Skyworld, created by Mervin Ignacio and Ian Sta. Maria, is a two-book komiks published in 2012. Like Budjette and Kajo’s Trese, Skyworld blurs the line of Philippine history, pop culture and current events. Skyworld presents its own creation story. It reinvigorates creatures of lower – higher and everything in between – mythology and allows them to walk the streets of Manila. It rewrites histories of Rizal, Lapu-Lapu, and the Japanese occupation in the Philippines. It makes the Filipino reader rethink what he knows about what written history claims happened. It does all these believing that every legend hides a lie.

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But if I were to peel Skyworld, I’d say it’s also hiding something.

Back at the university, my proposal to write a fantasy story with angels in Filipino got turned down by a professor because he said that those winged creatures are not Filipino; they are fantasy elements of the West. I understand where he’s coming from. As such, many fantasy stories considered to be truly Filipino are those that highlight their use of aswang, tikbalang, manananggal, sigbin, etcetera, etcetera. Nothing of Angel Michael, Raphael, Gabriel, Lucifer, the Nephilim, the Watchers.

But the paper is a world of possibilities. It literally is a blank canvas. And on my second reading of the Skyworld books, I found out that aswang, tikbalang, Bathala, gods, and angels are terms that can be quite limiting, terms that might not transcend geographical borders, terms that might not be existent in one language but is true in another. They are terms that can be inconsistent, but that’s ok because it gives the reader a more magical experience. It leaves the reader a leeway to see the story from a different perspective. And it gives the story another reading.

The way I see it, Skyworld is donned with angels.

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And it’s not just the wings. Story says that mortals believed Kaptan to be a god that must be appeased. But in the second book, Kaptan was considered the greatest of Skyworld creatures called the Watchers, young skygods according to the komiks.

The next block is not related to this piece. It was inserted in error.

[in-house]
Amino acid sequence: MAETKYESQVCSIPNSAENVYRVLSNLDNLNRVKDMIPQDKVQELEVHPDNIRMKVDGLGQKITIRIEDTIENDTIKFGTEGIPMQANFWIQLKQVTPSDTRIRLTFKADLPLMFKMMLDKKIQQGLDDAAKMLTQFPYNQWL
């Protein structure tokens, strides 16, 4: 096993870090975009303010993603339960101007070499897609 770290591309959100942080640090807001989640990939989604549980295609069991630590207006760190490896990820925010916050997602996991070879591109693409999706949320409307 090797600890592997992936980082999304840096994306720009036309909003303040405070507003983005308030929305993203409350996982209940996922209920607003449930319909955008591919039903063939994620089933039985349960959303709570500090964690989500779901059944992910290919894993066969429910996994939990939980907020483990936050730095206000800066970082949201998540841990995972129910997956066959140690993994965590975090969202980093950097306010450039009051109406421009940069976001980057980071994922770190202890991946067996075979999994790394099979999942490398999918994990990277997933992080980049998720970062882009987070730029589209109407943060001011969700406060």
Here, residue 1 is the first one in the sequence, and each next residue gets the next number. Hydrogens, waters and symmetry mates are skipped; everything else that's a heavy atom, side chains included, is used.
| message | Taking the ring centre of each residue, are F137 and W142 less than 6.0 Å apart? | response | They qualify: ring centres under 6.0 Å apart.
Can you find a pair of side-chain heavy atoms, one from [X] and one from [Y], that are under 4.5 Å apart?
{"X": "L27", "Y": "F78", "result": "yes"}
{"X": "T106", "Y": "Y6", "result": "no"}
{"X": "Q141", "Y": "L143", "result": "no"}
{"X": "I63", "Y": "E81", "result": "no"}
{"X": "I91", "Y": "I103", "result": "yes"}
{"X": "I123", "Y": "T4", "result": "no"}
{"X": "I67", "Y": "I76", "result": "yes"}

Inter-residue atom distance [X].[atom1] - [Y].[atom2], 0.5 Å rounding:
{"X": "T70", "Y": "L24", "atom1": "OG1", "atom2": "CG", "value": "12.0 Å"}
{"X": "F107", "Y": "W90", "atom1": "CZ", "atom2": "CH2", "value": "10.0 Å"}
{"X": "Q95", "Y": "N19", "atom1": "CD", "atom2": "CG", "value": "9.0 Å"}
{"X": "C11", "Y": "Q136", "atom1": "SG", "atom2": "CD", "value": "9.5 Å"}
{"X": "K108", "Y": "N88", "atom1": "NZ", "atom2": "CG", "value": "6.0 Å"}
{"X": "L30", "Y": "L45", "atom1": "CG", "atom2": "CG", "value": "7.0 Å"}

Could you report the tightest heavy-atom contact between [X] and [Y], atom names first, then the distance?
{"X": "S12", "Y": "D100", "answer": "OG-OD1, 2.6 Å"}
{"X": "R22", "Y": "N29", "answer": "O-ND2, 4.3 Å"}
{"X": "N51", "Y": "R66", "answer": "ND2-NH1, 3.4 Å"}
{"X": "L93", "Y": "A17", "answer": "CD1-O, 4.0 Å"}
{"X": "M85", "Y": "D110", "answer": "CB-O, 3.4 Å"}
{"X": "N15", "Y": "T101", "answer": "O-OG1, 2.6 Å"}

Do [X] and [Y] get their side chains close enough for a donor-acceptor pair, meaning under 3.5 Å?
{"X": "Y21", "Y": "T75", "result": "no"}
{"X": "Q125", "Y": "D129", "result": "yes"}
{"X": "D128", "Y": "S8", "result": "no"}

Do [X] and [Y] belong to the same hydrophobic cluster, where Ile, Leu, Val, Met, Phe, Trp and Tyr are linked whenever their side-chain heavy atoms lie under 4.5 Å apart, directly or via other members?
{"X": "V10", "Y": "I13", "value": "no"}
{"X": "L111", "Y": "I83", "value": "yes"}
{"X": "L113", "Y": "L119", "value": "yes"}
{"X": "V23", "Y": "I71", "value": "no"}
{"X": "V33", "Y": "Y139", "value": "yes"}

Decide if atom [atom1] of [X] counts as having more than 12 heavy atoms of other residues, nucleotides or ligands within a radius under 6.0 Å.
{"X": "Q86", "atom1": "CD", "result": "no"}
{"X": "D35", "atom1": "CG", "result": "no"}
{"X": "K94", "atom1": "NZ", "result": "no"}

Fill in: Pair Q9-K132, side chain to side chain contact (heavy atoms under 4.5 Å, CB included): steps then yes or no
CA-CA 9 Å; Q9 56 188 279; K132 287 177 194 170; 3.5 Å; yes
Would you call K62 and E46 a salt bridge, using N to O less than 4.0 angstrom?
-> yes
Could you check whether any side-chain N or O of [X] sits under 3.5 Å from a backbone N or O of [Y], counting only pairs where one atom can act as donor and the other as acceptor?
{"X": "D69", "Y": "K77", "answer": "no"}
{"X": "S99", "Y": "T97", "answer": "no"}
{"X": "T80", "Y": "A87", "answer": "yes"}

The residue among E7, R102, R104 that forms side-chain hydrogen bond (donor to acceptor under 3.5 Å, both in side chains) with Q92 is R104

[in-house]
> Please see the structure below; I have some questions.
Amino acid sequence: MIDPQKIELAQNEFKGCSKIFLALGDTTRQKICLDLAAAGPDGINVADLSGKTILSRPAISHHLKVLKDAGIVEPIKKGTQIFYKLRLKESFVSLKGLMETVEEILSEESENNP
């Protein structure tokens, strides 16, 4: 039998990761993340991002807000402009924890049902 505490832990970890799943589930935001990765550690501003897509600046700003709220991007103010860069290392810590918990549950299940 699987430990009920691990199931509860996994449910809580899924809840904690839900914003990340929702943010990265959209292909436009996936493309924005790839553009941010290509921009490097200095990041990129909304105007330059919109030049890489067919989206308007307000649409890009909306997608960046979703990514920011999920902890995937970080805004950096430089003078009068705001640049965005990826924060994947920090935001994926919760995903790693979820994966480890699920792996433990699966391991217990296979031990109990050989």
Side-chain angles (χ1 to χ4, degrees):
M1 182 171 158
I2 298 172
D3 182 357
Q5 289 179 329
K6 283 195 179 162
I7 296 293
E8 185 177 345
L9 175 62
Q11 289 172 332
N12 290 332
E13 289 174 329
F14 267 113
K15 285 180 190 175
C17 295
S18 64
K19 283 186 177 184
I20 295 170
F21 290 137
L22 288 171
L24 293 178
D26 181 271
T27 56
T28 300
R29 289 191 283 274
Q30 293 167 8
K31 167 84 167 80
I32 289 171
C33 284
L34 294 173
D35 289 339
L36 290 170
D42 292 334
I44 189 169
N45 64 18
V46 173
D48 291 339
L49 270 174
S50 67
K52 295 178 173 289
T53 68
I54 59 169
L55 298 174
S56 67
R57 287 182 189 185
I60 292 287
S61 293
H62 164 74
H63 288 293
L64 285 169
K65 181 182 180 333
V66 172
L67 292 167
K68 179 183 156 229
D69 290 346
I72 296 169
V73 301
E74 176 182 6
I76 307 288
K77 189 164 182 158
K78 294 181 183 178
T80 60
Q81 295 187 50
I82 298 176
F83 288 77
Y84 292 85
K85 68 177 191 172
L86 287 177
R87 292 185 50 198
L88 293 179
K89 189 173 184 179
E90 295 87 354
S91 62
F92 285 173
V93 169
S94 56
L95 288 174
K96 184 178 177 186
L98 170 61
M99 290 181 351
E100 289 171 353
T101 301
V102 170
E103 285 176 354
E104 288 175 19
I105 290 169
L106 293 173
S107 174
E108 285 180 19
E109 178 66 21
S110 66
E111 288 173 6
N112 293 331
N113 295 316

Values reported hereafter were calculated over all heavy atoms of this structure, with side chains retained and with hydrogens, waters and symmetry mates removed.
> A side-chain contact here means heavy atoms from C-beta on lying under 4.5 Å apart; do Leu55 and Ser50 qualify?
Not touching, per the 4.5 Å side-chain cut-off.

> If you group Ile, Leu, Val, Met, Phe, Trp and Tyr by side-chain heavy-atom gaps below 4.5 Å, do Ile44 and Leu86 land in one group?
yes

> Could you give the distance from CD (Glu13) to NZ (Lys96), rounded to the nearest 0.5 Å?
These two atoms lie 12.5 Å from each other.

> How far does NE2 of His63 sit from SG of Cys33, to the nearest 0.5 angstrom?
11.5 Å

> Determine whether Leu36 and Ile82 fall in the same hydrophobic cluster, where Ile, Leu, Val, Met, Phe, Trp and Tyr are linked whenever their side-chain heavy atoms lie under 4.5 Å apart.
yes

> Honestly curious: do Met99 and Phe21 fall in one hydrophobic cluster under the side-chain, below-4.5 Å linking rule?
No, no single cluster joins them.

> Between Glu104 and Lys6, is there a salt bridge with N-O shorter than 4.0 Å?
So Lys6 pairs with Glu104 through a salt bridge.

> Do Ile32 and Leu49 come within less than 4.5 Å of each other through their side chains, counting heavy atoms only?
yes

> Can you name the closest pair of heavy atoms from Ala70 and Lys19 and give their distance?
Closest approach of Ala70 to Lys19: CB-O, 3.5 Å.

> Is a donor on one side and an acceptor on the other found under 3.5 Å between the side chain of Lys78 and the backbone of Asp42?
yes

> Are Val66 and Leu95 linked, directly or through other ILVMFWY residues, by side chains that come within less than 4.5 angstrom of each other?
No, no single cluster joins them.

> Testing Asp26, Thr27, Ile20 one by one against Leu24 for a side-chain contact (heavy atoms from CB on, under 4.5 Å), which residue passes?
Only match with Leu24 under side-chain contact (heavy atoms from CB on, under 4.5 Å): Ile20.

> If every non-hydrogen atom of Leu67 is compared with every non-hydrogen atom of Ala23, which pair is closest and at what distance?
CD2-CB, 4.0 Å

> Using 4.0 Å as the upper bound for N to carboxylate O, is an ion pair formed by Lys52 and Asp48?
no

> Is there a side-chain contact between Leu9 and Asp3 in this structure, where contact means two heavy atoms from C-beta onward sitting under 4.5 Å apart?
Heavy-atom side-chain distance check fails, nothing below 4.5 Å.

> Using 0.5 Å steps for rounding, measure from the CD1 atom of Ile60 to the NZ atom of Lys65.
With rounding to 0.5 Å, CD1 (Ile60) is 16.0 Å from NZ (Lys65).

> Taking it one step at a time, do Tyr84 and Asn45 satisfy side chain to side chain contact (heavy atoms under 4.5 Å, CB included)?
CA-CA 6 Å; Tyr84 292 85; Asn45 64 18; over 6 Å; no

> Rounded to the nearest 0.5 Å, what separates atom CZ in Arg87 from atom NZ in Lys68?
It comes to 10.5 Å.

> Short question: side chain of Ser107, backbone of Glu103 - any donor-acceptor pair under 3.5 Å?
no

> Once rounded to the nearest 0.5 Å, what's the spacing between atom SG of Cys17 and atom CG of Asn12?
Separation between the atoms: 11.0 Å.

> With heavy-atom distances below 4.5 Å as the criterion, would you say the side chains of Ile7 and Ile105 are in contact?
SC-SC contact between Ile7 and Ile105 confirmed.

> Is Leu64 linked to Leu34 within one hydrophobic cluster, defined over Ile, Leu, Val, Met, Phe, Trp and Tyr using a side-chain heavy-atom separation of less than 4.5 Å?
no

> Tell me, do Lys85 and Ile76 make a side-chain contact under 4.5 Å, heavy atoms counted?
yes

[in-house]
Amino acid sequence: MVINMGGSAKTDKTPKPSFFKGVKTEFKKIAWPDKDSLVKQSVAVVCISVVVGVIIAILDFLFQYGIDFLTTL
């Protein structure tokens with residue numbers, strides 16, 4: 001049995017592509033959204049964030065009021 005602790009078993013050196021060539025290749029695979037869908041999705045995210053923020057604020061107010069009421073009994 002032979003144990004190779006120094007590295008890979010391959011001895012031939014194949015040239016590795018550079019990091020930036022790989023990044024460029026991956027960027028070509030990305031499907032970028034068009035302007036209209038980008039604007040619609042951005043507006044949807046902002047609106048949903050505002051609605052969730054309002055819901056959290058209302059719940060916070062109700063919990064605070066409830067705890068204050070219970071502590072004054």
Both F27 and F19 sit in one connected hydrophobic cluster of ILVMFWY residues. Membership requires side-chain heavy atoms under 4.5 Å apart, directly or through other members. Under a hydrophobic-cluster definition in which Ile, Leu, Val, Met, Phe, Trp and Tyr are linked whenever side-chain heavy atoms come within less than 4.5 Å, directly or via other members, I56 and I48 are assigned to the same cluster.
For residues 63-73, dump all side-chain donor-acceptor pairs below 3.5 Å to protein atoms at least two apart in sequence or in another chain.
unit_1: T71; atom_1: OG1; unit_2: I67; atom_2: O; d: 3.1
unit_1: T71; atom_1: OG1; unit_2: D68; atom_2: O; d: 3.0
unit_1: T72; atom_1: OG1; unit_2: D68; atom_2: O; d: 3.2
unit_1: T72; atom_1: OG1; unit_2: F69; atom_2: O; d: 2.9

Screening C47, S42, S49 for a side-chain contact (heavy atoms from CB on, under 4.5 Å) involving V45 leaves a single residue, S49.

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For someone who wants to try and make sense of angels in local Fiction, I knew I had to read foreign books that feature angels. In the process, I stumbled across Danielle Trussoni’s Angelology and Angelopolis and a dictionary of angels archived in the university library – and later, from homegrown Naermyth by Karen Francisco. From what I got, the Watchers is actually a term referring to Nephilim or the half-breed spawn of an angel and a mortal. More research also reveals that the Nephilim are believed to be gigantic. Converted to local mythology, they could be considered higante. Pictured below might be a personal easter egg. Can you find the two times this epic-sized skeleton appears?

Guess who's on the foreground.
Guess who’s on the foreground.

And to make things more spazz-ome, Philippine creation story-history gets an alternative retelling. The image of Kaptan and a mortal, Maguayen, resembles the iconic Malakas and Maganda. What if!

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This reading might be a stretch for some, but how can I not see it that way when scattered in the komiks are Biblical references – even beginning Book Two: Testament with a passage from the apocryphal Book of Enoch – and the constant reminder that Kaptan’s fall is a sin and not simply a mistake.

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Is this how I can get to hell?
Is this how I can get to hell?
"All you need to do is let the water take you where you want to go!"
“All you need to do is let the water take you where you want to go!”

Here’s to Skyworld and to beautiful lies that eventually get uncovered!

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